Conferees on Wednesday also apparently made progress toward agreement on a plan that would boost incentives for employers that offer retiree drug benefits to retain those benefits should a Medicare drug benefit be enacted (AP/Richmond Times-Dispatch, 10/16). They also eliminated a proposal that would have created a new agency to manage Medicare drug benefits and to encourage beneficiaries to enroll in private health plans, Sen. John Breaux (D-La.), a member of the conference committee, said. Both the Senate and House bills had included provisions calling for such an agency in response to concerns of some Republicans and Democrats about the potential for "heavy-handed regulation of the health care industry by Medicare officials," the Times reports. But conferees said that any new agency "would duplicate the existing bureaucracy and would be confusing and disruptive," according to the Times (New York Times, 10/16). Lawmakers acknowledge that they will likely not meet the Oct. 17 deadline for a final compromise as set by Republican leaders (Washington Post, 10/16).
The following summarizes other developments and news related to Medicare:
- Sen. Charles Schumer (D-N.Y.) said on Wednesday that he "strongly" opposes a proposal that would impose new copayments under Medicare for home health care services, the AP/Long Island Newsday reports (AP/Long Island Newsday, 10/15). Several negotiators said on Monday that they are considering implementing a $40 to $45 copay for each 60-day period in which a beneficiary receives home health care services. The House bill includes such a copay provision, but the Senate bill does not. The House bill also would reduce the annual increase in Medicare payment rates for home health services in each of the next three years. The new copay and the eliminated rate increase would reduce Medicare spending by $7 billion over the next 10 years (California Healthline, 10/14). Schumer estimated that the new copay could cost people in New York state more than $6.9 million (AP/Long Island Newsday, 10/15).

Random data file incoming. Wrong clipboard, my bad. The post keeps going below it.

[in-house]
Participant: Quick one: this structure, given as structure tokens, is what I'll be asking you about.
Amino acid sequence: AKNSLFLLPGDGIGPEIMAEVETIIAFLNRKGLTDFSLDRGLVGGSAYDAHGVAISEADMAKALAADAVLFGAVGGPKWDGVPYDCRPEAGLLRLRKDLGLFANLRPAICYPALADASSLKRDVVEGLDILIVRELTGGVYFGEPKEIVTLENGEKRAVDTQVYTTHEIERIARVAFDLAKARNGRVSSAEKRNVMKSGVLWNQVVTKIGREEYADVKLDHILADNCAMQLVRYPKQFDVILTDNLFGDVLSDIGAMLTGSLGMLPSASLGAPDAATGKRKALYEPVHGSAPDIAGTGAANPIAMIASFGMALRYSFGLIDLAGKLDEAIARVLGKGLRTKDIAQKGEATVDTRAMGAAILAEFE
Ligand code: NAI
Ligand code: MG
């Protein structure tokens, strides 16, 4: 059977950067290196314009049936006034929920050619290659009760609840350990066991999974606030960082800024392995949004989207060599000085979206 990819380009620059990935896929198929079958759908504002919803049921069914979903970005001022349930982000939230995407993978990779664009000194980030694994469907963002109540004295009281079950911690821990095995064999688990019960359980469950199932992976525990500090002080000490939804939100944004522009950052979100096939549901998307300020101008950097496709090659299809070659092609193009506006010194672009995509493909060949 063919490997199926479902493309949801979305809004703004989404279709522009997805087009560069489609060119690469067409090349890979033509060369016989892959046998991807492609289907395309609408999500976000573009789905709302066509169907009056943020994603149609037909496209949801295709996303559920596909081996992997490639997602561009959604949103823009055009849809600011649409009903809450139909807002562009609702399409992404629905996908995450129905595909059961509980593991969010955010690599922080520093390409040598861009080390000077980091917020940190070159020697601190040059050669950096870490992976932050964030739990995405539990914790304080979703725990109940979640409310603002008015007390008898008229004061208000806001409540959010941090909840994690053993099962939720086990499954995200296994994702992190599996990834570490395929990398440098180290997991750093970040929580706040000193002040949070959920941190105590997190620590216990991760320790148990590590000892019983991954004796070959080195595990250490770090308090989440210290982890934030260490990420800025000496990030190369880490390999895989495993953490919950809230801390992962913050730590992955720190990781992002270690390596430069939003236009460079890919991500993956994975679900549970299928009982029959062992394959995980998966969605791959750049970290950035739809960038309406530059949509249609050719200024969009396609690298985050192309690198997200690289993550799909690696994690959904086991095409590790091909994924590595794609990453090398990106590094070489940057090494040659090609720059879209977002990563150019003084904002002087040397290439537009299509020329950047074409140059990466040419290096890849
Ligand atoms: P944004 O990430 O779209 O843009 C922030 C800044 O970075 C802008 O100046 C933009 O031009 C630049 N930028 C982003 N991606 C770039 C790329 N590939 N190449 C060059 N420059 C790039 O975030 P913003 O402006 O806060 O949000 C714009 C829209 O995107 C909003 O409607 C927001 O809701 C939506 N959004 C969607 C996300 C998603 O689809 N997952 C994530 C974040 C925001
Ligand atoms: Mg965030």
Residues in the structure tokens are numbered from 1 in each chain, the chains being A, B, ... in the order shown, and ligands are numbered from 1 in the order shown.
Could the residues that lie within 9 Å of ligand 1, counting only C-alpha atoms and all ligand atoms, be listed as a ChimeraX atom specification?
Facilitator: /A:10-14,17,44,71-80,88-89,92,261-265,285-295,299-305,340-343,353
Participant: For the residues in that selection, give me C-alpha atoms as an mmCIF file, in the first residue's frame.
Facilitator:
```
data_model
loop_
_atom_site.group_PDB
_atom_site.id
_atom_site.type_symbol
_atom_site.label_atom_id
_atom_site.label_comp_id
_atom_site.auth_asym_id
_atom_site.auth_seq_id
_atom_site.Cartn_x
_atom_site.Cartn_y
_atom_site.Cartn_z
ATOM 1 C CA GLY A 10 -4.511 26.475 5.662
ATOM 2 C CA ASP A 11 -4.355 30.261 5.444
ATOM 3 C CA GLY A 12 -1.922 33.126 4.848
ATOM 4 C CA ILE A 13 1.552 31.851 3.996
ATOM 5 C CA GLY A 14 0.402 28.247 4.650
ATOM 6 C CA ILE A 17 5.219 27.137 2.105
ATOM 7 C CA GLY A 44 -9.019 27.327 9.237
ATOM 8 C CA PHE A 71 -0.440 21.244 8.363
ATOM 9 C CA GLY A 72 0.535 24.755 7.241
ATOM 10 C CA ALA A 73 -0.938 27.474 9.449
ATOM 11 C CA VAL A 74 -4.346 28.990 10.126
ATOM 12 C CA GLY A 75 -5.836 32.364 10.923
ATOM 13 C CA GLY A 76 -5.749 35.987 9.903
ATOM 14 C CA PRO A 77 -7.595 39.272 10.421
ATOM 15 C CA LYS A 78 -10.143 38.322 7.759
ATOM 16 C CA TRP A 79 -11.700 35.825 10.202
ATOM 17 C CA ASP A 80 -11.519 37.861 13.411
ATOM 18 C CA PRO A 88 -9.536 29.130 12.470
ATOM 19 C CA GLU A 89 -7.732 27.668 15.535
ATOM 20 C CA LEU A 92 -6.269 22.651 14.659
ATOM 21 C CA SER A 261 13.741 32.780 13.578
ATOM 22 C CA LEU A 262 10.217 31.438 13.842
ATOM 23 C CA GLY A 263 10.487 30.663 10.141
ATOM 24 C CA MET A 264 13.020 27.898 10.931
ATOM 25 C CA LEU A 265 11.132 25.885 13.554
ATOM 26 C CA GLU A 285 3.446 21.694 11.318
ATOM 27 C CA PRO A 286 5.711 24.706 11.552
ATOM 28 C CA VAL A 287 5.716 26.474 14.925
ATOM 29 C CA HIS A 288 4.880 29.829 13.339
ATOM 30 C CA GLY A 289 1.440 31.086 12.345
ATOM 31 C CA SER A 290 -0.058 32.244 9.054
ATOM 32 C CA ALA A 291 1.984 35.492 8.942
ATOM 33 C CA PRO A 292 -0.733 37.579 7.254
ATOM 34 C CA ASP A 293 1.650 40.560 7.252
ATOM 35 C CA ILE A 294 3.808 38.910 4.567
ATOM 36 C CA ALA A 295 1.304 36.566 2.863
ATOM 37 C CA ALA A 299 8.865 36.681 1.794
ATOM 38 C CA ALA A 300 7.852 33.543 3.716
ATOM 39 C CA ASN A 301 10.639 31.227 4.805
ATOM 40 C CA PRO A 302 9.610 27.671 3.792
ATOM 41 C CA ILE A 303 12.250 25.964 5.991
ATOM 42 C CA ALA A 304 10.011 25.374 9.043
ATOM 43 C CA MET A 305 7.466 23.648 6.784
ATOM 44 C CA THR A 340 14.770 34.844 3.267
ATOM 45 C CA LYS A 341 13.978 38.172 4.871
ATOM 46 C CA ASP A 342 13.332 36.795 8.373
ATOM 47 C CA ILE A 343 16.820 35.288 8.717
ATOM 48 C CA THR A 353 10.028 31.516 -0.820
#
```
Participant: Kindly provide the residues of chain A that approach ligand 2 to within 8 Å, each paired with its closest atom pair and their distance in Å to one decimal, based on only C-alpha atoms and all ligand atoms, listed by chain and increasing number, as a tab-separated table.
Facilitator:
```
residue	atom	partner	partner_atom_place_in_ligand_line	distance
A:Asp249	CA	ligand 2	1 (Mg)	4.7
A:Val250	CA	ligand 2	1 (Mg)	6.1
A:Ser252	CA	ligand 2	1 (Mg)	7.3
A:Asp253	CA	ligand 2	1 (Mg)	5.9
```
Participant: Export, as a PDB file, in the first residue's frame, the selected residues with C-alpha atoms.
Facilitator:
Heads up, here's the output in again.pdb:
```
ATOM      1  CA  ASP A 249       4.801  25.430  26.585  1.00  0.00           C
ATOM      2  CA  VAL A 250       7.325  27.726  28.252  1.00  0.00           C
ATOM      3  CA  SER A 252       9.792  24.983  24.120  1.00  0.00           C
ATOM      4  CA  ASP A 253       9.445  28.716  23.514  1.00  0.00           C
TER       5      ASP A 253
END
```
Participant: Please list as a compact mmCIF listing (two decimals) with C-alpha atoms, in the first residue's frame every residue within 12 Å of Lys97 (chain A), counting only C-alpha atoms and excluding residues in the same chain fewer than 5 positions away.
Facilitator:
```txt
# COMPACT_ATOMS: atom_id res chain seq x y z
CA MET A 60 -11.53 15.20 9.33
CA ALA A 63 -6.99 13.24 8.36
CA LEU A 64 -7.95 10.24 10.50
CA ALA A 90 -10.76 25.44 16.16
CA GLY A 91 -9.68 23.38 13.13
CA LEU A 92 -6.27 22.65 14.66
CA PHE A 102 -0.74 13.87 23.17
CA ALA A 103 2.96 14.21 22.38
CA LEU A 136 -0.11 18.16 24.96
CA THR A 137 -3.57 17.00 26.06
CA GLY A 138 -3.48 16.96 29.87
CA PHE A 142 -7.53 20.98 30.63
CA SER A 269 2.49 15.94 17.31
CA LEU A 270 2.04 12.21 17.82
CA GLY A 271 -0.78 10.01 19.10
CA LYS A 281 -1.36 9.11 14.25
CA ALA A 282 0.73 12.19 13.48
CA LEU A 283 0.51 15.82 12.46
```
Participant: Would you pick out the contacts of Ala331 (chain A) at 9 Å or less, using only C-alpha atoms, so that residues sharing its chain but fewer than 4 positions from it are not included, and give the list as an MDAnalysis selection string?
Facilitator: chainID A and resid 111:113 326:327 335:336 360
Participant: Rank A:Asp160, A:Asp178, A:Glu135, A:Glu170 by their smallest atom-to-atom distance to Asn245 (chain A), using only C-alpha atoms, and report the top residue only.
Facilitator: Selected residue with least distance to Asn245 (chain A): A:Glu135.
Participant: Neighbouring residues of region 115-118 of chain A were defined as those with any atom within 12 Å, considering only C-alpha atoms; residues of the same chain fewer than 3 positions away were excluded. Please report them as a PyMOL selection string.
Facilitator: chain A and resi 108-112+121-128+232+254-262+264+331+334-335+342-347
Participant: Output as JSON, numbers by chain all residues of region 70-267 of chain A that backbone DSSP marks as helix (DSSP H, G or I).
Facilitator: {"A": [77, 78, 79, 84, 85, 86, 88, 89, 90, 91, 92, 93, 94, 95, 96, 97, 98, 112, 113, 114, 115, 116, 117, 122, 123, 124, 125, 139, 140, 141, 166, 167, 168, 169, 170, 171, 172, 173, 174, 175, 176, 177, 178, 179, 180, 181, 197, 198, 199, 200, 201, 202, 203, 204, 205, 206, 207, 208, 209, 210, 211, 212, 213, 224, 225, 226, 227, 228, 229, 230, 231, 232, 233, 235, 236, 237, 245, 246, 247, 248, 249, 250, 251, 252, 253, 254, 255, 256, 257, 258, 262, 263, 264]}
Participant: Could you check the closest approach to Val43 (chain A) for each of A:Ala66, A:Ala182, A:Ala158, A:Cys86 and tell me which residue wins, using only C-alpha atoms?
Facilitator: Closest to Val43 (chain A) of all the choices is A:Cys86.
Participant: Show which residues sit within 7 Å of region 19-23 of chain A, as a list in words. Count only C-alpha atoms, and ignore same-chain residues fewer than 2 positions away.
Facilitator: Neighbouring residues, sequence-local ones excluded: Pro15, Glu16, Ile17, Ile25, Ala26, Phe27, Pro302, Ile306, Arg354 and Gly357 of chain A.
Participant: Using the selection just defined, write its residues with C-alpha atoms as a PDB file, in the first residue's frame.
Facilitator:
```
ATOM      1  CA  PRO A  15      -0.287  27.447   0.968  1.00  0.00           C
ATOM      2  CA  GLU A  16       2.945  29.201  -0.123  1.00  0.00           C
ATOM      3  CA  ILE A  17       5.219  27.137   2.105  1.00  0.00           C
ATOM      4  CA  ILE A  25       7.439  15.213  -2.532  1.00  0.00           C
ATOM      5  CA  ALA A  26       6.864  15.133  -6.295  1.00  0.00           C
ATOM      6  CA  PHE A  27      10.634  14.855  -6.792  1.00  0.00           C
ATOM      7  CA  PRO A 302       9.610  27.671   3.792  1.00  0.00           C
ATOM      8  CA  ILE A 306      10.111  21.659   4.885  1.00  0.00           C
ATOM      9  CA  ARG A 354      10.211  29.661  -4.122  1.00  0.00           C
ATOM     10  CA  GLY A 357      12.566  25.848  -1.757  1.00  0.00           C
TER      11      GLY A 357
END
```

- In a briefing sponsored by Rep. Ron Paul (R-Texas), Sue Blevins, president of the think thank Institute for Health Freedom, called for the Medicare prescription drug legislation to "include language specifically allowing participants to pay for drugs without going through the Medicare program," CongressDaily reports. Blevins said that conferees should "avoid battles over private contracting" in Medicare when voting on the final bill, according to CongressDaily (CongressDaily, 10/15).
- The Washington Post on Thursday examined a partnership between AARP and the Business Roundtable that aims to urge Congress to "find common ground on Medicare reform." The two groups published advertisements this week in the Post, USA Today, the New York Times, Roll Call, and the Hill, calling for such a compromise (Sarasohn, Washington Post, 10/16). The ads call for a Medicare drug benefit to be comprehensive and to cover all Medicare beneficiaries. The groups urged Congress to "enact a Medicare drug benefit that provides incentives for employers to continue to provide high-quality drug coverage to retirees." The groups also asked lawmakers to allow beneficiaries to stay in traditional Medicare "without financial penalty" (California Healthline, 10/14).
- PBS' "NewsHour with Jim Lehrer" on Wednesday reported on the Oct. 17 deadline set by Republican leaders for negotiators to finish work on Medicare legislation ("NewsHour with Jim Lehrer," PBS, 10/15). The full transcript of the segment is available online.